Engraving of Augustin-Jean Fresnel, circa 1882. [Biblioteca de la Universidad de Sevilla / Wikimedia Commons, CC-BY 2.0]
Arago and Fresnel
Augustin-Jean Fresnel (1788–1827) was neither the brightest of the four Fresnel siblings nor the most robust. By the age of eight he could barely read, lagging sadly behind even his younger brothers in school. Nonetheless, he had acquired a strange nickname among the village children, who called him “genius” because he had a knack for invention.
For instance, as the children played war in the streets and fields, they fashioned toy cannons out of elder-tree branches and staged mock battles. Augustin improved on the cannons, finding just the right trees to bore, and just the right projectiles to launch with just the right force, so that the toys became real weapons. The children watched in awe and amazement at the stately arc of dirt-clod cannon balls before they smashed into the ground, spraying the combatants with debris. The village adults had to step in and ban the battles before anyone was seriously hurt.
Years later, as a diversion from the tedious work he was doing for the Department of Roads and Bridges, Fresnel began to peruse books on the theory of light. (He could not read English and so did not know of Thomas Young [1773–1829] and his work on the double slit.) He wrote up a short letter with his thoughts on the possible wave nature of light, as evidenced by diffraction effects, and he sent it off to his uncle, Mérimée Fresnel, a well-known artist and art restorer living in Paris. Mérimée moved in educated circles, and one evening he found himself seated at a formal dinner next to Arago, casually mentioning his nephew’s views on the mechanism of interference and its possible role in the formation of diffraction fringes.
Arago immediately recognized the merit of the argument and encouraged Fresnel’s uncle, who wrote to Fresnel of the successful reception of his ideas. On a later trip through Paris, Fresnel arranged to meet Arago.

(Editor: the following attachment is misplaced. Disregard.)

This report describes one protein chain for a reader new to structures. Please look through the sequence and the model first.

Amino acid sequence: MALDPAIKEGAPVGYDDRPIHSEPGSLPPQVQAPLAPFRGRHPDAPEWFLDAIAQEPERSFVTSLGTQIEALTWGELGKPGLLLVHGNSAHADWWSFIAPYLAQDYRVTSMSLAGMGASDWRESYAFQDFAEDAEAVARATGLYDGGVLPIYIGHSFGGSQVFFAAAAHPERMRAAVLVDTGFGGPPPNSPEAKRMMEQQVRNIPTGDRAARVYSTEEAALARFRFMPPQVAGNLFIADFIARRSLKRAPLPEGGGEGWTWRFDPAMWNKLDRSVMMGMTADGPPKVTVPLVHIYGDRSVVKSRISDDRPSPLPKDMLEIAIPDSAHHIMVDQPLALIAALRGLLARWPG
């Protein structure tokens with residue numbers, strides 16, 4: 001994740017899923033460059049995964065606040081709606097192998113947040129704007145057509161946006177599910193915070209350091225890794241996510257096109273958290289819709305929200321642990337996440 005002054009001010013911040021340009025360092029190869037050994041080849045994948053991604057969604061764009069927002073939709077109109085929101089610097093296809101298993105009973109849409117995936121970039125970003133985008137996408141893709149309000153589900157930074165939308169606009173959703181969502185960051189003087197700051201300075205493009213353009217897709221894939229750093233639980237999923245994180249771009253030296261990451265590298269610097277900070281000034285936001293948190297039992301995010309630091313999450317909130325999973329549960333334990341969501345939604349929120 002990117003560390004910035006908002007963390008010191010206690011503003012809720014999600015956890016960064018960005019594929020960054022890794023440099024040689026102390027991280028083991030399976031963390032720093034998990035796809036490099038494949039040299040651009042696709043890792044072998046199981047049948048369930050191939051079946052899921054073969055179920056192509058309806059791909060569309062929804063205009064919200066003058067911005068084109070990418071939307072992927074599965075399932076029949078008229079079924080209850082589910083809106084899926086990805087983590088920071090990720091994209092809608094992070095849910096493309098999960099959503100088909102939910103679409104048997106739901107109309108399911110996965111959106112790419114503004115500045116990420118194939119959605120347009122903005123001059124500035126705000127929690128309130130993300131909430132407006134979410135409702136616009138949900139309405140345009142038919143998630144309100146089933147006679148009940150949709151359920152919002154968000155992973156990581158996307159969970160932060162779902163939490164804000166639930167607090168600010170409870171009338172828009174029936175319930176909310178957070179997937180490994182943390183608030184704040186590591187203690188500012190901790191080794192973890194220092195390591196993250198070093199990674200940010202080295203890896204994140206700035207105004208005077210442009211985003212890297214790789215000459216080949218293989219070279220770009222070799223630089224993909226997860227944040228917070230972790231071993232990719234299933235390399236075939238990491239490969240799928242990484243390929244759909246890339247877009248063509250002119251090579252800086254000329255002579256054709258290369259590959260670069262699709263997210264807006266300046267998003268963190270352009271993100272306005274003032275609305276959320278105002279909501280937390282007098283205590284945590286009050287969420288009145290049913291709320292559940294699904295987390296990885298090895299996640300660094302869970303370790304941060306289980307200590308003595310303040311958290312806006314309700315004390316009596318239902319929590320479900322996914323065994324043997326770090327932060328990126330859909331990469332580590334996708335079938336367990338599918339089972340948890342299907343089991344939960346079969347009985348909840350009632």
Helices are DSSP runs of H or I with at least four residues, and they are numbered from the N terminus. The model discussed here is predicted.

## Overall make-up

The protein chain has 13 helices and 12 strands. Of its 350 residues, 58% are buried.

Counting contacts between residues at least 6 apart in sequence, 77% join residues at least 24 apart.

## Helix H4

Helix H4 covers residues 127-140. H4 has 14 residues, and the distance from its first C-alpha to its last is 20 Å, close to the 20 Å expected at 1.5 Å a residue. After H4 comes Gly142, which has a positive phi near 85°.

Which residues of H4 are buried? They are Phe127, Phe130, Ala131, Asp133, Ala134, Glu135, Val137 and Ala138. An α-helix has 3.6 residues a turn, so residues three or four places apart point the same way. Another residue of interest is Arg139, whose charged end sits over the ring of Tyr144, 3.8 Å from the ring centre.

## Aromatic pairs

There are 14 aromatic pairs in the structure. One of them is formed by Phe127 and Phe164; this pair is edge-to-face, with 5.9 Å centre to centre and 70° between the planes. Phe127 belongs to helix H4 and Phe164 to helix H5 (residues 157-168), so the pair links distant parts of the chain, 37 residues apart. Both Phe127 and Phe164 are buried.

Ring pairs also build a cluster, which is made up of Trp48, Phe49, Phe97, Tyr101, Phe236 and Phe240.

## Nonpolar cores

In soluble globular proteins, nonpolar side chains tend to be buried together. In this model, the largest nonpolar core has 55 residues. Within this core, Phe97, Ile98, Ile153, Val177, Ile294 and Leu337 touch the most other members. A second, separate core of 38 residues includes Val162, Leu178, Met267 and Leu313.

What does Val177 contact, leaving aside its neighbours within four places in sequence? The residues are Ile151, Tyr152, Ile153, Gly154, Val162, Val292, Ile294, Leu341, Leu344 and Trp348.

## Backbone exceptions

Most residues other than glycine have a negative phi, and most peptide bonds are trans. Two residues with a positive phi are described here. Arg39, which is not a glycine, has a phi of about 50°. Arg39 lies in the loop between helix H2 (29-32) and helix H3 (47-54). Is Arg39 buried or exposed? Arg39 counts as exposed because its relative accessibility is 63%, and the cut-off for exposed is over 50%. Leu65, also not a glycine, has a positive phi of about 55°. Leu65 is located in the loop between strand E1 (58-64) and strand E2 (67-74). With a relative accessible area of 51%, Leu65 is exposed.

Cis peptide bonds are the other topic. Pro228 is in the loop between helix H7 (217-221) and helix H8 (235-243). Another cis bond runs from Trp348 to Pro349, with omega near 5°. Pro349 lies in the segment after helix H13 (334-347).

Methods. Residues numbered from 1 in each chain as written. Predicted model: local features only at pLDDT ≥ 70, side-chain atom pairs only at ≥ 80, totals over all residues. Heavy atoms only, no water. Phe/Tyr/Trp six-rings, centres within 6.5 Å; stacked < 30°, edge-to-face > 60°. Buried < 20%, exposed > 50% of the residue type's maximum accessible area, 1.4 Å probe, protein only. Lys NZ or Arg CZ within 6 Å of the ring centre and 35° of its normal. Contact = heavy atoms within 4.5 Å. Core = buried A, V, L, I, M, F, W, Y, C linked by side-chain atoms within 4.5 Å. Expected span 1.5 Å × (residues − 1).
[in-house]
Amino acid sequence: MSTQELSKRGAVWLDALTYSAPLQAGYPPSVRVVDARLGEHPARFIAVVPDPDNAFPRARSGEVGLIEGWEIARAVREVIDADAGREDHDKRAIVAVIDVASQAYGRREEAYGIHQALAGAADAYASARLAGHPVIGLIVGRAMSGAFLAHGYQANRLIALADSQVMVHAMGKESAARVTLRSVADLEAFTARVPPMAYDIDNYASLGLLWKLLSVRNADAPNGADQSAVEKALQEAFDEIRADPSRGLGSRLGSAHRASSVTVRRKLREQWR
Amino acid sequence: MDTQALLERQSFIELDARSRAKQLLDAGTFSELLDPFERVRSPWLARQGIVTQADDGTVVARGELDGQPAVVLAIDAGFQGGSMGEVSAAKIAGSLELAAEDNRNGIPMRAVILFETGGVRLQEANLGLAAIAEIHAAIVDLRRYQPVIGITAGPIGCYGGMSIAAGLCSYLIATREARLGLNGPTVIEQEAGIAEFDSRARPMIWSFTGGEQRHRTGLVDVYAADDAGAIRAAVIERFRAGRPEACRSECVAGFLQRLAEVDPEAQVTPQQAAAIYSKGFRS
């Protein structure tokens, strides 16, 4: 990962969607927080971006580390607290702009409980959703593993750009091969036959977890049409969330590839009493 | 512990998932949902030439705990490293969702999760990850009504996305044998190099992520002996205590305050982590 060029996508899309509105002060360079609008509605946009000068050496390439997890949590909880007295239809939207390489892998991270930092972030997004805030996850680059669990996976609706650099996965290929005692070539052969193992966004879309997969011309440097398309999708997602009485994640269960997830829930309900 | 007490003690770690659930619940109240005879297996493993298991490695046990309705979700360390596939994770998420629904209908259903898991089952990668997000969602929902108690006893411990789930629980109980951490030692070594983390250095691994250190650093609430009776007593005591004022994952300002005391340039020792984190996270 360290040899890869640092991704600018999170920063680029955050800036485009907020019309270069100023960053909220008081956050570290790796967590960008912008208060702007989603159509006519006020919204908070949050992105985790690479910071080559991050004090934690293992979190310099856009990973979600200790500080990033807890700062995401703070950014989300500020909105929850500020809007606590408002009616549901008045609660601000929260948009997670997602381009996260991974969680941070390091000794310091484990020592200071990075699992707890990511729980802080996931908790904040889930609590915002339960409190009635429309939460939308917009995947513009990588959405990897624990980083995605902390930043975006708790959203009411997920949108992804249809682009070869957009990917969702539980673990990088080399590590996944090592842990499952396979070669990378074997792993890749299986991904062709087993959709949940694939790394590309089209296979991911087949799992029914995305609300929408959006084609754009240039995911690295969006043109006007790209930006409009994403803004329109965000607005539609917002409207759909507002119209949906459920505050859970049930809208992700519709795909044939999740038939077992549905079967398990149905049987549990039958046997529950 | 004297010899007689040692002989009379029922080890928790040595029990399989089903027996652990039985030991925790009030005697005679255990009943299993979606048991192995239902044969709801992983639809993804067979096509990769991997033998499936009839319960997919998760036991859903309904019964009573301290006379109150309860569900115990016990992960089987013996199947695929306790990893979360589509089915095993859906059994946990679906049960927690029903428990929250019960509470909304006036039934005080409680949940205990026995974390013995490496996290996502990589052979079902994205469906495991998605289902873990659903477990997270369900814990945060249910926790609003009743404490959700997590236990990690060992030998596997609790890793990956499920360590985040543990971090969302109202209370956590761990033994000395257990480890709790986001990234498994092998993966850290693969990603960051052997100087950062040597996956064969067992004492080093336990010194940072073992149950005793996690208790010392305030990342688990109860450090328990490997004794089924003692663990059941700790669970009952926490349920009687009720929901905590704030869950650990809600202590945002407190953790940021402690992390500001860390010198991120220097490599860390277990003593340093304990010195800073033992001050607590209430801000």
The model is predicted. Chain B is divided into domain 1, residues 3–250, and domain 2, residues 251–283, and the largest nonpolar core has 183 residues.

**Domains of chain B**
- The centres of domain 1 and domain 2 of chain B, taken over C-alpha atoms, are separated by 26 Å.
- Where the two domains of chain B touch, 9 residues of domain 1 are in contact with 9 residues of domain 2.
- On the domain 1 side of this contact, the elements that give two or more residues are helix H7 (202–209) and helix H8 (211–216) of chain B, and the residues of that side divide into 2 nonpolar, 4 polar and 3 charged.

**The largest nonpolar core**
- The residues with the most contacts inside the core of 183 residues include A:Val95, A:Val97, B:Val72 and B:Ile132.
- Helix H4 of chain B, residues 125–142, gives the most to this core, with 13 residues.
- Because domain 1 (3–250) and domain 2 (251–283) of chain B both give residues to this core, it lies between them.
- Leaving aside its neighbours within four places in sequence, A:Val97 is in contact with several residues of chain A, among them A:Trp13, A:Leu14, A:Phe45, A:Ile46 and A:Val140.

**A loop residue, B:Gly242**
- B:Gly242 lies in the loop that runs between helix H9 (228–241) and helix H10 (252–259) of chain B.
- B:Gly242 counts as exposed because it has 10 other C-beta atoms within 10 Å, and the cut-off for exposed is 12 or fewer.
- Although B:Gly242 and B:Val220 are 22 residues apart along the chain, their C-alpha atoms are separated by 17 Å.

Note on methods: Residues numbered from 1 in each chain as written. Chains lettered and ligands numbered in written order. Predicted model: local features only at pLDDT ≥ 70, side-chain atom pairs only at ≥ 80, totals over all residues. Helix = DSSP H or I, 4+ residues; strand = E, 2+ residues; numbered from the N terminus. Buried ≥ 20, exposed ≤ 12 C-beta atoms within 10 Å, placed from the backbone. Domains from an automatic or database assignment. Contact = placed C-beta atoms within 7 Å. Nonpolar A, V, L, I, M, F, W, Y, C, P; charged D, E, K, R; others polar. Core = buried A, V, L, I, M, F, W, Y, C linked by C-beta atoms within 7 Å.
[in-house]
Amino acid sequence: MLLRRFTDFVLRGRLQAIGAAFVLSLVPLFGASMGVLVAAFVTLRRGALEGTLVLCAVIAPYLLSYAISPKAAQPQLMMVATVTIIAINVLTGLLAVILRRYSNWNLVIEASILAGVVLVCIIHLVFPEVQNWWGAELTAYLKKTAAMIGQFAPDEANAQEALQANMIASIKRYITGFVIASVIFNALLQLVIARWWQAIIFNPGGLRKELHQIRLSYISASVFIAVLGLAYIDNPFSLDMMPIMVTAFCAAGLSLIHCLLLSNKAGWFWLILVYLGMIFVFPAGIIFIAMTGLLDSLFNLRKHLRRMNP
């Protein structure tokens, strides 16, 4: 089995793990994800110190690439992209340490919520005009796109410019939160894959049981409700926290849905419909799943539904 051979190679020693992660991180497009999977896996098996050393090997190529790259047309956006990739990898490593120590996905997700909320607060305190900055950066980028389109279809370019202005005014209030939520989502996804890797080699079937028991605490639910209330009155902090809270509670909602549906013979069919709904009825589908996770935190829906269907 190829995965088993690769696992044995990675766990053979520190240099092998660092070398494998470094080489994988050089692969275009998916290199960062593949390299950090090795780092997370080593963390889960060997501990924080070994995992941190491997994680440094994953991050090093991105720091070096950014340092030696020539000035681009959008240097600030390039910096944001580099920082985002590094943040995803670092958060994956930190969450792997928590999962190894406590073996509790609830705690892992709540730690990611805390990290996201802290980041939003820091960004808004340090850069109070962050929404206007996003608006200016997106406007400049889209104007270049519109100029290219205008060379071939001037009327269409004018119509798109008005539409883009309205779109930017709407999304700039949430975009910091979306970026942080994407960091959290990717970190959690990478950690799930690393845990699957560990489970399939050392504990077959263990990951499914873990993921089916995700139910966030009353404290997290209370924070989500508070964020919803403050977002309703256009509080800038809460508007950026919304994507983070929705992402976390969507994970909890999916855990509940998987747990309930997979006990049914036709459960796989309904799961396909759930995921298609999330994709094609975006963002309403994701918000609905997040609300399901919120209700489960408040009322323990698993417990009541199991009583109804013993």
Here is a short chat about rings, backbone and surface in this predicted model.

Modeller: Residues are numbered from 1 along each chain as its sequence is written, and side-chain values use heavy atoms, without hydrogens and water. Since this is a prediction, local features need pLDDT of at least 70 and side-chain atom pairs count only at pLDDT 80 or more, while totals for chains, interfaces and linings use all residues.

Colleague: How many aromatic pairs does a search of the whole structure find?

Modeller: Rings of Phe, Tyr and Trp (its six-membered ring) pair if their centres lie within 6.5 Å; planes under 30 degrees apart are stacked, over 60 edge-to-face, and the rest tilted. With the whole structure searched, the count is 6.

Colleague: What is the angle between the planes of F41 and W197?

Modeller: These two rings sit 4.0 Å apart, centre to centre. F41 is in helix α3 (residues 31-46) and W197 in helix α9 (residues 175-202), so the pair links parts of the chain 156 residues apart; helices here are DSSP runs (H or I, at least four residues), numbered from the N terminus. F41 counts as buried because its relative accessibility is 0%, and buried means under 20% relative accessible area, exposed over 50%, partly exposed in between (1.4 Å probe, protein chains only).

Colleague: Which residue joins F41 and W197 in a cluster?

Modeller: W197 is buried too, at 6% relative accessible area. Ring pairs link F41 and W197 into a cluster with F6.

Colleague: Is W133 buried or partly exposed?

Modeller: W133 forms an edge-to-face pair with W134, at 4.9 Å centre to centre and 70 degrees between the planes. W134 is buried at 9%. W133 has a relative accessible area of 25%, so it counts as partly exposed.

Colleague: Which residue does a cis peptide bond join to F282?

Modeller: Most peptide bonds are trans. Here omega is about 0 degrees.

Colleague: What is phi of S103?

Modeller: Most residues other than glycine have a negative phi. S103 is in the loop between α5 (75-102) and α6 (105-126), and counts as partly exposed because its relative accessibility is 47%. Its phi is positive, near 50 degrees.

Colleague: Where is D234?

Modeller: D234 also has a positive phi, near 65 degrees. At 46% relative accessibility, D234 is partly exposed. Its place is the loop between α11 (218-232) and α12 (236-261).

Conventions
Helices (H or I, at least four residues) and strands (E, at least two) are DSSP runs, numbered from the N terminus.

The wave-particle battle
In early 1817, the intellectual battle between waves and particles was being bitterly contested. Simon Pierre Laplace (1749–1827) and his supporters—the “emissionists”—were pitted against a nearly solitary Arago, an “undulationist.” In a gambit to put a stop to the foolishness of the undulationists, Laplace arranged for the biannual prize of the Académie des Sciences to be given for the best solution to the problem of diffraction, fully expecting to receive a definitive account of the ray theory from one or more of the emissionists’ carefully coached students.
The competition was announced in spring 1817, with a deadline of August 1818 and to be awarded in 1819. The prize problem was worded entirely in the context of the corpuscular theory of light, leaving little room for a contribution from a wave point of view. Nonetheless, Arago alerted Fresnel to the opportunity, expressing his desire that Fresnel submit his latest work on diffraction integrals.
One of the referees of the prize competition was Siméon Denis Poisson (1781–1840) who was intrigued by the mathematics of Fresnel’s work even though he was himself a supporter of the particle theory of light. Using Fresnel’s new method, Poisson tackled a problem that Fresnel had omitted from his prize essay—diffraction from an opaque circle. It must have been with some glee that Poisson reported to the committee an absurdity he discovered using Fresnel’s technique. According to his calculations, a small bright spot should occur at the very center of the shadow of the disk regardless of how large the circle was or how close the observation screen was placed. This nonsensical prediction, arrived at using Fresnel’s own technique, was now turned against him, seeming to decide against Fresnel receiving the prize. But Arago was not swayed.